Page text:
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The legal risks of using artificial intelligence in brick-and-mortar retail

The increasing dominance of online shopping and the recent collapse of some of the world’s most notable retail chains has left many wondering—what can retailers do to stem the tide? One answer has been to deploy artificial intelligence/machine learning solutions to enhance efficiencies and improve the in-store consumer experience.

As of 2018, retailer investment in AI/ML is on track to exceed $3.4 billion and is projected to overtake the current investment leader—banking. The scale of this investment is unsurprising given that 83% if retail executives believe it will have a critical impact on their future.

Some of the most notable ways AI/ML has been employed are through in-store personalization and backend inventory management. On a very basic level, AI/ML enables computers to make autonomous decisions. Solutions such as advanced gesture recognition and augmented reality (AR) take this capability and apply it to personalizing a consumer’s in-store experience.

For example, AI/ML can be employed through strategically placed cameras that monitor consumer physical gestures and in-store traffic, recognize consumer habits and preferences, and provide valuable insights in to product popularity so that stores can quickly adapt layouts and inventory requirements.

AR devices, such as virtual mirrors, can similarly enhance the shopping experience by quickly scanning a person’s body type, cross reference it with it consumer preferences, and make continuous recommendations including what accessories best compliment the product. This reduces restocking costs and the guess work in predicting trends, while at the same time increasing secondary sale potential.

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Shoppers carry Victoria's Secret Stores LLC Pink bags while walking through the Magnificent Mile commercial district in Chicago, Illinois, U.S., on Friday, Dec. 29, 2017. Bloomberg is scheduled to release consumer comfort figures on January 4. Photographer: Daniel Acker/Bloomberg

On the backend, AI/ML deployed to predict supply and demand can analyze store data, market trends, social media and past performance to make predictive inventory recommendations or purchasing decisions ensuring that a store’s inventory remains ahead of trends. In addition, AI/ML enabled robot deployment can increase supply chain efficiency by restocking shelves, prioritizing shipments from distribution centers, resetting floor plans, and increasing product exposure based on the data derived from sales and consumer facing AI/ML integrations.

Despite the clear benefits of AI/ML deployment, an AI/ML solution is only as good as its data. There is a direct correlation between the increase in datasets and the improvement of AI/ML models. However, there are three main legal issues where retailers need observe caution—data collection, bias and ownership.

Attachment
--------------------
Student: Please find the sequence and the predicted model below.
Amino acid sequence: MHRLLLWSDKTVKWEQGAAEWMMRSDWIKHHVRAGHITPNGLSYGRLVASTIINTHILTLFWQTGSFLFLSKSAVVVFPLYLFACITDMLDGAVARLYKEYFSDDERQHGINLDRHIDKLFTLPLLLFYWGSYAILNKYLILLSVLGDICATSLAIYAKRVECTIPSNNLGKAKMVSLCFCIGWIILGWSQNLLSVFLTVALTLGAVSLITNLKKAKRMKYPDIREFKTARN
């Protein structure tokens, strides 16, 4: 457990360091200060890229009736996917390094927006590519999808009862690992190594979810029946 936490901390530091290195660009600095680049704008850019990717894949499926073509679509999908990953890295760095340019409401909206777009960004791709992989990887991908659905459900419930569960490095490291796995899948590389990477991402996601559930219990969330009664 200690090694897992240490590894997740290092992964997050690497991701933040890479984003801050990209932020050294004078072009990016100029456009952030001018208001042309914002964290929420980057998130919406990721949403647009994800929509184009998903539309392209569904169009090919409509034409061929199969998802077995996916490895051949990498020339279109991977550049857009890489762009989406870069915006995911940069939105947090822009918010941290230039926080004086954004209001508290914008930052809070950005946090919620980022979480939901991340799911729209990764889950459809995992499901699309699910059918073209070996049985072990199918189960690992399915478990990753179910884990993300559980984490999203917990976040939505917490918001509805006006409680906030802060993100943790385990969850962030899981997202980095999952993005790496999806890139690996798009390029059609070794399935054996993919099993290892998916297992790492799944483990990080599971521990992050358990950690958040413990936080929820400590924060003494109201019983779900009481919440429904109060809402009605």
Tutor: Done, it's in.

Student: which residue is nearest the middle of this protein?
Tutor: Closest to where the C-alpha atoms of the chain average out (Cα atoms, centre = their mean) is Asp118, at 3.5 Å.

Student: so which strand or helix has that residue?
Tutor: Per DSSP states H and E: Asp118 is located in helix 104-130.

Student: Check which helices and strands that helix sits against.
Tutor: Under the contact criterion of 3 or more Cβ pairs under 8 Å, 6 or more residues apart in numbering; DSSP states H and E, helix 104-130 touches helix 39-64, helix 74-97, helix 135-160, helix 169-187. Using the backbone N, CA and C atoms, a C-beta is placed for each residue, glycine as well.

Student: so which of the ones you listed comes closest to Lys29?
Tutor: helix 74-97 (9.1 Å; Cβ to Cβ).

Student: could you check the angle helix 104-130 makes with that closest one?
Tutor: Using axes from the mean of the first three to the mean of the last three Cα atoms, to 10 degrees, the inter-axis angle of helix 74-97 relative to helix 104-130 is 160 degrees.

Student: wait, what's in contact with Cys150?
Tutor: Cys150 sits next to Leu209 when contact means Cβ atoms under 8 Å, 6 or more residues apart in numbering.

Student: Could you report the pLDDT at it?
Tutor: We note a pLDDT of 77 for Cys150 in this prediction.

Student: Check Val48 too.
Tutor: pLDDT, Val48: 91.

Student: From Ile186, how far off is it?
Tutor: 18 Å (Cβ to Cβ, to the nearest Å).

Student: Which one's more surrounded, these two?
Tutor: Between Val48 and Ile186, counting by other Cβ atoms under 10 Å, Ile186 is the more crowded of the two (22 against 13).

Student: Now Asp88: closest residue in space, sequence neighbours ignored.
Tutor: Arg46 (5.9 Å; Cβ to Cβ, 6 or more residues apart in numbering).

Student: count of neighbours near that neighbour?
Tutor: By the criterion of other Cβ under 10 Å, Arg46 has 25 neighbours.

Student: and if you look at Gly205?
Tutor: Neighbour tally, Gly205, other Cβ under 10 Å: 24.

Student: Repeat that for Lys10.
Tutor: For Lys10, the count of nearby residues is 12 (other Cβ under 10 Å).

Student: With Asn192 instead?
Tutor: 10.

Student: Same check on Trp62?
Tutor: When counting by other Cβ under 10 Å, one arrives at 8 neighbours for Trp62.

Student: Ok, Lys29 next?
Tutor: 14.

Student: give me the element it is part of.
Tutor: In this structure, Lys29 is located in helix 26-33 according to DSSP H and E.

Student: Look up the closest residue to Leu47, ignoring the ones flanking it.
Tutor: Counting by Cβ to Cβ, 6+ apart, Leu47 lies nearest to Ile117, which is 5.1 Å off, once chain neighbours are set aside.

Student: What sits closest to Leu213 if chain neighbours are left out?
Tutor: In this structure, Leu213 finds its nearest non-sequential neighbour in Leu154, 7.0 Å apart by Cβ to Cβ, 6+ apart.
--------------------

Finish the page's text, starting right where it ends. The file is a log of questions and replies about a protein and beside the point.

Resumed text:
The collection of data is subject to a variety of privacy laws (e.g., the GDPR, FTC Act, etc.), which set forth certain disclosure and consent requirements that govern a retailer’s ability to collect and use that data.

One developing area of consumer privacy is biometrics. Currently, three states (Texas, Illinois, and Washington) have passed laws that require, among other things, express consent for the use of biometric data for commercial purposes. These laws have broadly defined biometric data to include fingerprints, facial geometry, retina or iris scans, voiceprints, hand geometry and other unique biological patterns, all of which are used by AR and advanced gesture recognition technology.

Unlike online retailers, which can place access to certain products or features behind a consent wall, brick-and-mortar retailers in these states have the difficult task of obtaining consent from every shopper entering a store in which it will use biometric identifiers for a commercial purpose, such as tracking the shopper and charging the shopper for the items the shopper takes.

Another significant issue is that of AI/ML bias. For example, a model developed and based on data collected from consumers in a Boise, Idaho store may not be as effective when implemented in Miami, Florida. Due to the origin of the dataset, there could be an increased risk that the model’s ability to identify minority groups not previously represented in the dataset is limited.

While unintentional, it has the effect of potentially denying services to a person based upon their race. Because of the world’s vastly different demographics, the creation of datasets requires a careful consideration of the source of the data and retailers should continue to keep the FTC’s guidance on big data in mind when determining the suitability of a dataset.

Lastly, data ownership is a continuing concern as many retailers do not have the resources to develop AI/ML in-house. However, retailers may have competitive concerns regarding confidentiality of datasets, ownership of the model, and the ability to use insights/results from the model/engine.

Because AI/ML models continually improve when introduced to more data, a retailer’s data can be valuable to a vendor. Thus, retailers should carefully consider the type of model, the impact to the retailer if competitors have access to the same model, and whether it is comfortable with granting a vendor a right to use that data for other projects/services for other retailers.

Ecommerce competition and the potential for increased costs are driving brick-and-mortar retailers to AI/ML adoption. If fully realized, retailers can create fully adaptable ecosystems to stay ahead of the trends and drive increased store traffic. However, there are real legal concerns that must be considered before retailers continue to venture into the world of AI/ML.

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